“But those who knew the senator understood that beneath his cautiously managed exterior was an attack dog straining at its leash. In the congressional cloakrooms he had made his position clear. The North Korean incident had been mishandled by the Pentagon. White House policy and usual Pentagon procedures had been, in his view, arrogantly disregarded. Not to mention the question of whether the military’s choice of antimissile response, lobbing the two nukes back where they had come from, had actually violated international antimissile defense treaties. Because Straworth had personally championed those treaties in the Senate, the use of Joshua’s RTS weapons technology was viewed by the senator as a political knife in his own back.”

As you can see, the Senator is portrayed as one of those suspicious shifty-eyed eeeeeeeeeevil internationalists who think the US shouldn’t defend itself at all.

As I noted previously, the perception, by the political followers of the kind of ideology put forth in this book, of United States power is centered around the idea of the acceptability of unilateral action and the refusal to be hamstrung by any damn treaty. Never mind that I’m sure treaties involving multilateral disarmament do contain exceptions for things like – oh gee, I wonder … maybe unprovoked attacks?

The legal (insofar as you can call it “legal”!) basis for counterattack is crystal-clear here, contrary to that for the US’s invasion of Iraq. A North Korean battleship, likely tracked by satellite and/or a US Navy flotilla, launched, with no warning whatsoever, two nuclear missiles directly at the United States.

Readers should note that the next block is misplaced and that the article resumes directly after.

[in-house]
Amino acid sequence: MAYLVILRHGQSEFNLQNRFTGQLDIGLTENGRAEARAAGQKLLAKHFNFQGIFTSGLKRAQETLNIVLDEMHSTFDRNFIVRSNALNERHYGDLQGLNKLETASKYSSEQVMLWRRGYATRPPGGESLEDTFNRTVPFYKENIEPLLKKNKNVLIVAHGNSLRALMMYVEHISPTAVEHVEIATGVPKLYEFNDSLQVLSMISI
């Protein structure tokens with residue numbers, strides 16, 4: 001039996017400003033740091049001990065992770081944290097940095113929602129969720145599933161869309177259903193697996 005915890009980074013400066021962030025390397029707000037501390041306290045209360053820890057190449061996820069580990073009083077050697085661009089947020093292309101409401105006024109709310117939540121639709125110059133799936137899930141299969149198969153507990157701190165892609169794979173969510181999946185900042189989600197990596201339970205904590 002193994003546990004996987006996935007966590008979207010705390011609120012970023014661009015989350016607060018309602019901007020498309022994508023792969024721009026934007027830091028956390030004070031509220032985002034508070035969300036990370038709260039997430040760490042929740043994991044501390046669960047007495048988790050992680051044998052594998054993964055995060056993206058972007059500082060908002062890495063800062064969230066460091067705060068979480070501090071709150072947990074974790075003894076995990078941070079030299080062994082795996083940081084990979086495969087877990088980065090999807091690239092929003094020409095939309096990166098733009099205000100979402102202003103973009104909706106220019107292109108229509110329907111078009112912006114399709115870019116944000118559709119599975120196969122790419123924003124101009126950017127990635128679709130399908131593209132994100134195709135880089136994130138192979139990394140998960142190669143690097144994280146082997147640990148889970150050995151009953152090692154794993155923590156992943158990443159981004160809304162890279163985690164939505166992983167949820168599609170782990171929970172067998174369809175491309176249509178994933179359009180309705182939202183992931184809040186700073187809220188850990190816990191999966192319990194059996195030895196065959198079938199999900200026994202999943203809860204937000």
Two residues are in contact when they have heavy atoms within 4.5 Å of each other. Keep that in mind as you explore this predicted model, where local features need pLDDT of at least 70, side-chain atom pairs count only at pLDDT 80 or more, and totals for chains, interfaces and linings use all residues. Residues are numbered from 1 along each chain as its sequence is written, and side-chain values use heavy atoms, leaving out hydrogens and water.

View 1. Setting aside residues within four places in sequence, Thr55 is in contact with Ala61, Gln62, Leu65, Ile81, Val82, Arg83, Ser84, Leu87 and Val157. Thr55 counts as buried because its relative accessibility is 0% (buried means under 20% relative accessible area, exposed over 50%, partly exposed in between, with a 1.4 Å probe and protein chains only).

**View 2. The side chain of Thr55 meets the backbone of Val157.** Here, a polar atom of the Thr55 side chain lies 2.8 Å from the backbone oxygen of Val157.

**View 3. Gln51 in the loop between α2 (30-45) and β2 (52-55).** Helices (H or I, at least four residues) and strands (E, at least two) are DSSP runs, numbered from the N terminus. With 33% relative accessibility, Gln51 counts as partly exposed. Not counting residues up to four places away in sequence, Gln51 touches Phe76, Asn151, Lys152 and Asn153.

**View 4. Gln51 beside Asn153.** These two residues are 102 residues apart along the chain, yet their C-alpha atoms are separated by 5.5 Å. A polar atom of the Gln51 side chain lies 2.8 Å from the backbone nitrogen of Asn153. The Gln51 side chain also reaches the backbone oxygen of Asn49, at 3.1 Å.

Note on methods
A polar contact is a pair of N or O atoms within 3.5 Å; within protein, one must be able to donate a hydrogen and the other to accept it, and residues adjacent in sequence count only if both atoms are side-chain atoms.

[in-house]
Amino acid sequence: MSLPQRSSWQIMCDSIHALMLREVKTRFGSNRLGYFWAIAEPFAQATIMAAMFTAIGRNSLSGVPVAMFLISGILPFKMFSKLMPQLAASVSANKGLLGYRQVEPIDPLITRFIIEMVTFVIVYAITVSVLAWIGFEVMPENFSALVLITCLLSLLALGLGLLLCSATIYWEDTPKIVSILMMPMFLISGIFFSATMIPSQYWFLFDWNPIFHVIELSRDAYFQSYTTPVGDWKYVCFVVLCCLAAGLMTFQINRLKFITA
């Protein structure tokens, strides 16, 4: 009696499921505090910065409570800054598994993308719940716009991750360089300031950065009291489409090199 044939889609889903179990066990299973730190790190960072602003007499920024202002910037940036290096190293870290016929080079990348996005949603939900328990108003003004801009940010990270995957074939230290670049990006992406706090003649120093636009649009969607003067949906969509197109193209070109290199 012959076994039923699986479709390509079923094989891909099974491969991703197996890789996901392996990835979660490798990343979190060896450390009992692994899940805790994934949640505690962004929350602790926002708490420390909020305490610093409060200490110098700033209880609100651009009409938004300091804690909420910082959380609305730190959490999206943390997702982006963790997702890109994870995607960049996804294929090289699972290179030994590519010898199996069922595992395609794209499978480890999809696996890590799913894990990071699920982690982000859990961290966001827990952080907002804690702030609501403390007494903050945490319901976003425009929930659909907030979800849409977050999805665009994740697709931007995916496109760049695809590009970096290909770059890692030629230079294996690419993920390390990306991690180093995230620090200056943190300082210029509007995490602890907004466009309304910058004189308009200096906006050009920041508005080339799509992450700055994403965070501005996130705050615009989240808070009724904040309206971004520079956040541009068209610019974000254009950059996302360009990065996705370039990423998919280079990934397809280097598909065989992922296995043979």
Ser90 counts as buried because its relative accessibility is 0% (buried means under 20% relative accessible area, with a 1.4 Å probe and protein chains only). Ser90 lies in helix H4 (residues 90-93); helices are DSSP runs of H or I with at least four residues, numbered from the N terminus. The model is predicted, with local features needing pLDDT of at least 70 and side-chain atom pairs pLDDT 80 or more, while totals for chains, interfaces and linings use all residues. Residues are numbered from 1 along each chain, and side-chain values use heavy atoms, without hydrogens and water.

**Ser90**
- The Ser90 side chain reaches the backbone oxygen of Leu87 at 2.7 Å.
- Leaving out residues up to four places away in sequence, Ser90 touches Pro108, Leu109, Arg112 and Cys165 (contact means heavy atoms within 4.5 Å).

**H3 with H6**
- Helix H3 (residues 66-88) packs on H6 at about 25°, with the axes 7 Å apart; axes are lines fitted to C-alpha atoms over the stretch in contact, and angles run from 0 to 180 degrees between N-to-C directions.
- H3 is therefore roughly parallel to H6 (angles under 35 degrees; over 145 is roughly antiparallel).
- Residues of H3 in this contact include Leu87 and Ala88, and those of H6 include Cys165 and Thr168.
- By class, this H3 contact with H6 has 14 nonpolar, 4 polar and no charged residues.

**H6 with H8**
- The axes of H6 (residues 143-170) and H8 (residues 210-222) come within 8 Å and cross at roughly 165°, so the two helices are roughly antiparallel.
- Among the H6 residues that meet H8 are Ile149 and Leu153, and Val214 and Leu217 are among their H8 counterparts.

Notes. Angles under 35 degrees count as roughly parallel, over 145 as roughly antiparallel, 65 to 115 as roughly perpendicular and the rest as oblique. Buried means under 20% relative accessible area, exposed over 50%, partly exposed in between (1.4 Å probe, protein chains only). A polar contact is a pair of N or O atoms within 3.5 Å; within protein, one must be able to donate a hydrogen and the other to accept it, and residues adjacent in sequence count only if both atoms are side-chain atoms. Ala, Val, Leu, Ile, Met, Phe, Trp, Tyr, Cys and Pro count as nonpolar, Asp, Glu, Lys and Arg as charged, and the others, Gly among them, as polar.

Even though the Daedong was destroyed, telemetry data and post-nuclear-explosion radioisotope analysis would have conclusively established that the attack happened and that it was not the US’s own weapon(s) that did it; as I understand it, slightly different techniques (depending on the nation) used for the separation of the fissionable and nonfissionable isotopes of uranium* mean that it’s possible, with some caveats, to use the post-explosion distribution of fission products, actinides, and unfissioned uranium to determine with some certainty as to who might have actually let the thing off.

Even if my understanding is off or if the analysis wasn’t conclusive, just the presence of the radioactive isotopes in the air and water would have screamed “Hey! A nuke went off here!”

In short there’s abundant evidence that solidly establishes the United States’ case, under just about any basis you want to consider, that they’re in the right and that self-defence was an entirely legitimate response.